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General dos and don'ts


  • Know your platforms: Each social media channel (e.g. Twitter, Facebook, Instagram, etc.) has benefits and limitations. Familiarize yourself with each before initiating a new channel, and consider whether you have the time and resources to create and publish content on a regular basis.
  • Listen: Find and monitor the conversations already taking place in the social media sphere about the university, your unit and your area of interest.
  • Influence: Identify and follow key influencers in your area of interest or industry and learn what they consider valuable within the social media realm.
  • Engage: Develop creative ways to provide value to your audiences through exclusive content, offers, advice, multimedia and more.
  • Convert: Persuade your audience to act on behalf of the university and your area, whether it is information sharing, relationship building or influencing outcomes such as participation in a research project.
  • Measure: Ensure your social media efforts are set up for success by establishing measurable goals and returning to them regularly. 
  • Do research: Take the time to listen to the unfiltered voices of your audiences to find out what they are talking about before you jump into the fray.
  • Use the right voice: Social media marketing is most effective when it employs an authentic, transparent voice. Use your channels to engage in conversation instead of a platform for pushing out promotional messaging.
  • Stay on brand: Your avatar (profile picture) and cover photo should use images that reflect the university’s current branding. You can request images, as well as logos and graphics, through the Project Initiation form.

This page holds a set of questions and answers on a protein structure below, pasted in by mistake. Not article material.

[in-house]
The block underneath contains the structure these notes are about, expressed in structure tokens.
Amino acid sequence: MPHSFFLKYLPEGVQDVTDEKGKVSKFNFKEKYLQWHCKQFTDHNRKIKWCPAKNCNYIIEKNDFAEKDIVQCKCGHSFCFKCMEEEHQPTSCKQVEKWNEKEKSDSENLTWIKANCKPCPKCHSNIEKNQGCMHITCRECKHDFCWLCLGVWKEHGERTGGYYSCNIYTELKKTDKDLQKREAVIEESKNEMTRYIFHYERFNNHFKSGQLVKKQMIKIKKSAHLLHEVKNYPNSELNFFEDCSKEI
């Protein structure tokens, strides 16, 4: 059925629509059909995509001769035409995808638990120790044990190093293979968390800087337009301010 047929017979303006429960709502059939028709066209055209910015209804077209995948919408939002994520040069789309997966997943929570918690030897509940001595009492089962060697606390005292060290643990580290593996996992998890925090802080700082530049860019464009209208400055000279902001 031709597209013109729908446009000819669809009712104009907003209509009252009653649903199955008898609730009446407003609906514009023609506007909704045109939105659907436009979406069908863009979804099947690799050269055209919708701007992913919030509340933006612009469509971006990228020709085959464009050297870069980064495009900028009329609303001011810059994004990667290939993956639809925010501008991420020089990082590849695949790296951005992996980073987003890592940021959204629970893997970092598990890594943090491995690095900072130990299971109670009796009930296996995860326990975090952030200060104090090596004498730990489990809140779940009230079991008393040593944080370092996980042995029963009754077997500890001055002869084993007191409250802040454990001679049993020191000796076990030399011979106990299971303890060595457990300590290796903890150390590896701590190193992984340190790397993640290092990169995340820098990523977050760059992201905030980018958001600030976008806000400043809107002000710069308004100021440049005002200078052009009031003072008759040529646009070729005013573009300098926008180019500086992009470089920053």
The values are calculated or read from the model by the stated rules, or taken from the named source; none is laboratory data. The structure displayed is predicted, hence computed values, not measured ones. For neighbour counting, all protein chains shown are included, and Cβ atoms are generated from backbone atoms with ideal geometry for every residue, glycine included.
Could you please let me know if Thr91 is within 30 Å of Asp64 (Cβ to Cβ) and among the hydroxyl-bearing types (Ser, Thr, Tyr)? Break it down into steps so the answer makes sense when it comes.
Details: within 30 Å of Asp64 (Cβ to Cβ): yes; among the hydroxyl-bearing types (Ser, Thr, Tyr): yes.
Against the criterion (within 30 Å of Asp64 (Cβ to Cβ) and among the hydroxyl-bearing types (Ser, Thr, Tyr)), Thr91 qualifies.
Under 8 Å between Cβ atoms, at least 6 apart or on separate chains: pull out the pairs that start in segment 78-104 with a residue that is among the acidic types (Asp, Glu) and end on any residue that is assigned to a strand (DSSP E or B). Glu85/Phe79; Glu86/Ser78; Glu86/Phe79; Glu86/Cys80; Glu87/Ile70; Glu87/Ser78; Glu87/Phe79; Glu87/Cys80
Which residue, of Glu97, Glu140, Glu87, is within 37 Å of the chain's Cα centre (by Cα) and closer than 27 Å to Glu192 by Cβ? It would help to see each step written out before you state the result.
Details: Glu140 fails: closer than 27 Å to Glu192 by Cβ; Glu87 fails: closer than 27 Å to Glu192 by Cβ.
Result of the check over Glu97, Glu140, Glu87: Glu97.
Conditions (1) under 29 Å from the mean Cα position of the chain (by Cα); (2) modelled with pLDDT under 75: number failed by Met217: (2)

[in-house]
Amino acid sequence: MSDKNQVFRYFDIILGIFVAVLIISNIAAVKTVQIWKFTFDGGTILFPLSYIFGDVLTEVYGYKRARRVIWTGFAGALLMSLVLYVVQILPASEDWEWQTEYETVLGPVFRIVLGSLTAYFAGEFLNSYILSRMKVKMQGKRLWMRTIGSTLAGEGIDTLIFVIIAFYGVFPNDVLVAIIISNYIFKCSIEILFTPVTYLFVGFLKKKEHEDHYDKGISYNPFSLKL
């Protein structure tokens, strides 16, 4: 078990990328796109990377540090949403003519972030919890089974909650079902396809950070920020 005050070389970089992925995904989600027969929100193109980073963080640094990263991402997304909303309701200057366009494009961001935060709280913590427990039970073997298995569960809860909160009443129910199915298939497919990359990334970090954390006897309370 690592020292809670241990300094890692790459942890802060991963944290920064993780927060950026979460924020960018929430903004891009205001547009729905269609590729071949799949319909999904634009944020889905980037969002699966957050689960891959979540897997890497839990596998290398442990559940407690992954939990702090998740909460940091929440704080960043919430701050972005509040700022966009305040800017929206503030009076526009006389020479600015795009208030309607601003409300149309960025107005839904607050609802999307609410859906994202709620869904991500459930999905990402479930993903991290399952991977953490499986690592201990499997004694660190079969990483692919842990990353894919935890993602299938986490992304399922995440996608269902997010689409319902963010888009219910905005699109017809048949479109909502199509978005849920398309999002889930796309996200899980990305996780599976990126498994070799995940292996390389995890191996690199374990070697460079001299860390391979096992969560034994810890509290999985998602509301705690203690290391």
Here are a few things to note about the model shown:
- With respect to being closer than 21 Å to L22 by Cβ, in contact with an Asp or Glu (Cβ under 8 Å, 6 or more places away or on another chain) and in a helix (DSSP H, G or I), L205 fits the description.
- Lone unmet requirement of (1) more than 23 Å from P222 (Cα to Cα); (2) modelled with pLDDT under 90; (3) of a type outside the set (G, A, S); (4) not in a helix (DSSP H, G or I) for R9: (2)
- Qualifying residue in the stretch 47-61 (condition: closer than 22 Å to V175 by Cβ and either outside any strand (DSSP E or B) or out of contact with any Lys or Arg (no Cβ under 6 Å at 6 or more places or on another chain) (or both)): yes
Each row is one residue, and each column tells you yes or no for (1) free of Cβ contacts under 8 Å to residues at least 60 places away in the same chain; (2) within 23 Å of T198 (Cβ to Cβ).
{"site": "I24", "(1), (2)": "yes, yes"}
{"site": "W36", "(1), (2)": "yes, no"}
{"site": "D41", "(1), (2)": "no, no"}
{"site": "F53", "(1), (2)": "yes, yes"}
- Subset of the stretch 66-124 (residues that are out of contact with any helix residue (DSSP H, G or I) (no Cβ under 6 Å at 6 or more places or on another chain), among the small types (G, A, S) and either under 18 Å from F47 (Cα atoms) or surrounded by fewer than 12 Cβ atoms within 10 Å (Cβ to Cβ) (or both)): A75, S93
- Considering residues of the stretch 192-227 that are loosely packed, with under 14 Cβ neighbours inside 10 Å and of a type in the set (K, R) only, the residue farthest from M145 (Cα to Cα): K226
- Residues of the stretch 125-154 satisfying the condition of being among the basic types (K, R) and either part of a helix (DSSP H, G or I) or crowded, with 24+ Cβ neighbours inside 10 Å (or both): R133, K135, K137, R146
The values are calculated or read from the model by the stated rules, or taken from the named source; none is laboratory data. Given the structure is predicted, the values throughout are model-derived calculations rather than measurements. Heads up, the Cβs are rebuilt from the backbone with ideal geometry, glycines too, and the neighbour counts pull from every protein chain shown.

• Play by the rules: Adhere to the terms and conditions of the social media platforms you are using.


  • Make everything public: Keep confidential or proprietary university-related information off social media (including links to internal communications such as Weekly Report articles).
  • Post in areas outside of your authority or expertise: Stick to what you know to position yourself as an expert or thought leader.
  • Use vulgar or condescending language: It’s easier to be less civil when your conversation with someone is not face-to-face. Keep in mind that you represent the university when you engage with others.
  • Share photos of people without permission: Get written authorization to share all images.
  • Take too many shortcuts: When resources are tight, it can be tempting to use auto-populating tools to help fill content (e.g. an auto feed from Twitter that populates your Facebook feed) but use of these tools can result in your channels having content that looks like spam instead of original, authentic dialogue. Instead, plan your posts ahead of time and schedule them in advance if possible, using a social media management tool like Hootsuite.
Project Initiation Form
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